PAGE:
The Murder Complex
by Linday Cummings
Expected Publication Date: June 10, 2014
Length: 400 pages
Source: I received a copy of this book in exchange for an honest review. This is no way influenced my final opinion of the work.
Format Read In: E-ARC
View from the Traffic Light:
An action-packed, blood-soaked, futuristic debut thriller set in a world where the murder rate is higher than the birthrate. For fans of Moira Young’s Dust Lands series, La Femme Nikita, and the movie Hanna.
Meadow Woodson, a fifteen-year-old girl who has been trained by her father to fight, to kill, and to survive in any situation, lives with her family on a houseboat in Florida. The state is controlled by The Murder Complex, an organization that tracks the population with precision.
The plot starts to thicken when Meadow meets Zephyr James, who is—although he doesn’t know it—one of the MC’s programmed assassins. Is their meeting a coincidence? Destiny? Or part of a terrifying strategy? And will Zephyr keep Meadow from discovering the haunting truth about her family?
I was really hoping The Murder Complex would be awesome, but I found it a bit derivative of popular science fiction books these past few years. I know almost every science fiction/Dystopia book gets compared to Divergent or the Hunger Games, so it’s a similarity I’ve been careful to use sparsely when writing reviews. For The Murder Complex, though, I’m bringing the formula in the picture above out.
The Murder Complex had a strong start. In fact, if you had asked me to rate this book at 25% through, I would have given it at the very least four stars. Unfortunately, this spiraled downward fairly quickly. The concept of the murder rate being higher than the birth rate is one that is fascinating and dark, and I loved the danger that laid hidden in every page of this book. Had the story stayed in that arena, my overall opinion of it would be a lot better.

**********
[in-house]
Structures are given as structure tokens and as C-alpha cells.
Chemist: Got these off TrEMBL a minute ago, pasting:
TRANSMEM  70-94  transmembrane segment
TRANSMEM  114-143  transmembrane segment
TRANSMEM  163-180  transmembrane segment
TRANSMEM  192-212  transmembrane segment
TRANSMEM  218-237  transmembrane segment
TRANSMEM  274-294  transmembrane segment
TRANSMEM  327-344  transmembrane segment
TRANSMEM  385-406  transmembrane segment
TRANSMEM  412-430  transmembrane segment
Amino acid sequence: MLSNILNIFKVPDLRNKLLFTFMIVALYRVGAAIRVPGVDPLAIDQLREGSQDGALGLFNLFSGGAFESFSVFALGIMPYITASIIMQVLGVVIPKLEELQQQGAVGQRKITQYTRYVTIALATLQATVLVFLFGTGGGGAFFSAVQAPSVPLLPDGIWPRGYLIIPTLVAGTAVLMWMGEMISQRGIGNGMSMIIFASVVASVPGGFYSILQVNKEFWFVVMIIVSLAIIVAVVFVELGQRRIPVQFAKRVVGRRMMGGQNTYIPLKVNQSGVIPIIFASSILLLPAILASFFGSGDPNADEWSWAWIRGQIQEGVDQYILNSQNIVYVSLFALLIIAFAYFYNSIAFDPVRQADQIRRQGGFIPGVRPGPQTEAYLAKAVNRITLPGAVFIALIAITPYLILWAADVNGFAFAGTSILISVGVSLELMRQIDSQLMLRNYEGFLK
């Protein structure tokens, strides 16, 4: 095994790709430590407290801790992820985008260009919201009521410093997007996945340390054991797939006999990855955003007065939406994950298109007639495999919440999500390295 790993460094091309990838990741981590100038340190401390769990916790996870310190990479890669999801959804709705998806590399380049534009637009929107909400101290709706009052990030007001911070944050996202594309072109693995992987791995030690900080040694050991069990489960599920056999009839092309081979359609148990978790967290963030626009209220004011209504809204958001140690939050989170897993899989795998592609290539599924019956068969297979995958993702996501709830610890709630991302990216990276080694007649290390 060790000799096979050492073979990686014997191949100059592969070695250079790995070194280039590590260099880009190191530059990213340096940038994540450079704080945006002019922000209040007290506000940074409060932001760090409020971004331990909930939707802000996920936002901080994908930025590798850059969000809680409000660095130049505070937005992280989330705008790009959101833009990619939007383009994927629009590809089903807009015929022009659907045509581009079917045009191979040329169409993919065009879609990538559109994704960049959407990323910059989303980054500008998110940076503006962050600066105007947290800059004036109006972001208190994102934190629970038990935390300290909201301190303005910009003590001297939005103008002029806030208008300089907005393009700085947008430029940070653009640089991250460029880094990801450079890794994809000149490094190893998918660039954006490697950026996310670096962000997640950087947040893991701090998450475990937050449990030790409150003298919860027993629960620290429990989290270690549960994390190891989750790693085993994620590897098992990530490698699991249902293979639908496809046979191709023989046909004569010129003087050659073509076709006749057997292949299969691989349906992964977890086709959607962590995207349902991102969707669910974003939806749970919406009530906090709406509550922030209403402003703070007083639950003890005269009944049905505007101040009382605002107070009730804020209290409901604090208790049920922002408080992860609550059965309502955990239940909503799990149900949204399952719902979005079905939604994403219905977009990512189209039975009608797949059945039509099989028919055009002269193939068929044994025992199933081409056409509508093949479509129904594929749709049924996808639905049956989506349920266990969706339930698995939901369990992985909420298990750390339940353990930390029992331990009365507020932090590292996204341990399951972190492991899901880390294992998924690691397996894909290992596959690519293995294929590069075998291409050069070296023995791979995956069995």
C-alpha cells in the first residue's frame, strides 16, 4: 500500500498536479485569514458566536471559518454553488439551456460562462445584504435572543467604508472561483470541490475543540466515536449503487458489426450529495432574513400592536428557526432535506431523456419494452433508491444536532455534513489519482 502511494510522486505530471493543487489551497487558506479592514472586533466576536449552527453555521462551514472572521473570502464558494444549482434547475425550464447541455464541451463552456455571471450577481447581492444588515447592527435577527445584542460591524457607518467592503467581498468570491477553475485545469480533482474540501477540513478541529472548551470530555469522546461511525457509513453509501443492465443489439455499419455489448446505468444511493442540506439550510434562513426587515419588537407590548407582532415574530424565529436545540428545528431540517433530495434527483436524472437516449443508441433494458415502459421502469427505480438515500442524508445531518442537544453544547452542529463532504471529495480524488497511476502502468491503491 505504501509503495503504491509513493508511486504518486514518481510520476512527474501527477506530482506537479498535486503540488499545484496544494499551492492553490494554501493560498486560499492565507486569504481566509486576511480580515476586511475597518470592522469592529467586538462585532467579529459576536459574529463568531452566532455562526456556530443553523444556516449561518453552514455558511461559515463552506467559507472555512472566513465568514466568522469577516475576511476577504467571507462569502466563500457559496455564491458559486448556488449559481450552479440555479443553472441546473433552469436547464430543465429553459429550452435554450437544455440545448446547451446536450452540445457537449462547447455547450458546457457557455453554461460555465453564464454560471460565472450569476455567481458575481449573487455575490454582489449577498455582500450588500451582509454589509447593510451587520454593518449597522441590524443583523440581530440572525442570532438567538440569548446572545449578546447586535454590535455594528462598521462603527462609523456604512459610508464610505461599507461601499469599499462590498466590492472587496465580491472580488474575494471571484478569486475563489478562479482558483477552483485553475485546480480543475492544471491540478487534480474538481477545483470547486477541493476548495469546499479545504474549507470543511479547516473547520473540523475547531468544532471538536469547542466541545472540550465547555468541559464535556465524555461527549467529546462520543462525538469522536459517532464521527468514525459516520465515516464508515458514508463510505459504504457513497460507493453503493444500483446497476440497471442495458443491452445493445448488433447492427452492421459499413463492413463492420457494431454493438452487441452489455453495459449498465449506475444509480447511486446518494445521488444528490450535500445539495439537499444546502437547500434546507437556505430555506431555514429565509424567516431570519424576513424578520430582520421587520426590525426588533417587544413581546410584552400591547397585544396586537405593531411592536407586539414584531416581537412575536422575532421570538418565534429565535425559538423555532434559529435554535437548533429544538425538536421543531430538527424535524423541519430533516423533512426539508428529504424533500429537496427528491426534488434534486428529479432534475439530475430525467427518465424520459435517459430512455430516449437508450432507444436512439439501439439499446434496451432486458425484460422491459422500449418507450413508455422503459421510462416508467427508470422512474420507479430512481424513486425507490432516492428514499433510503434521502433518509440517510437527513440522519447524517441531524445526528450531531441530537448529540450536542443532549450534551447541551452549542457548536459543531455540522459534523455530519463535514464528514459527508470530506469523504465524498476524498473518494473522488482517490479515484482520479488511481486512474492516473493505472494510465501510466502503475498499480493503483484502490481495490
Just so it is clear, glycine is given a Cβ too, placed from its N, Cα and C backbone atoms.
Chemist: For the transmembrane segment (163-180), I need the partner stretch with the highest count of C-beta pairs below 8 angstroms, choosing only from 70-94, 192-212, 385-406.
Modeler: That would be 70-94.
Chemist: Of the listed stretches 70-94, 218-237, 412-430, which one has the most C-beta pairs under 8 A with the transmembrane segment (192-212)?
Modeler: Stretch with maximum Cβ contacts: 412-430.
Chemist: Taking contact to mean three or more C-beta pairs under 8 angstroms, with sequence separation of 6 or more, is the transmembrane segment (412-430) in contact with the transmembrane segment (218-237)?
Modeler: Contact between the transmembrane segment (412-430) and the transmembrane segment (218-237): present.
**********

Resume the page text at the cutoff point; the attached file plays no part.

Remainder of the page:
First, let me talk about the things I *DID* like about The Murder Complex. The pacing in this book is excellent, and I think Cummings is a talented writer. While I probably won’t continue this series, I will definitely read future books. What really drove this home for me is that the book is split into a dual POV, and unlike other books. . . I didn’t hate it. In fact, I could even tell the characters apart and came to quickly like the dual POV. These things together made me really like Cumming’s writing, but not the story that was being told.
The Murder Complex felt formulaic for a YA science fiction thriller. Basically, the story went thus: crappy world, horrible incident, protagonist meet, insta-love time, oh-no something bad happens, things get worse, something is revealed, science is evil, shocking revelation, unnecessary cliffhanger ending. This could have been done well, of course–many of my favorite stories have that formulaic element. Just look at Harry Potter! But the insta-love part bothered me a lot. And even though the instalove that Zephyr feels towards Meadow is contrasted with the fact that, you know, he tries to kill her because he’s been programmed to, the end game still felt insta-lovey to me.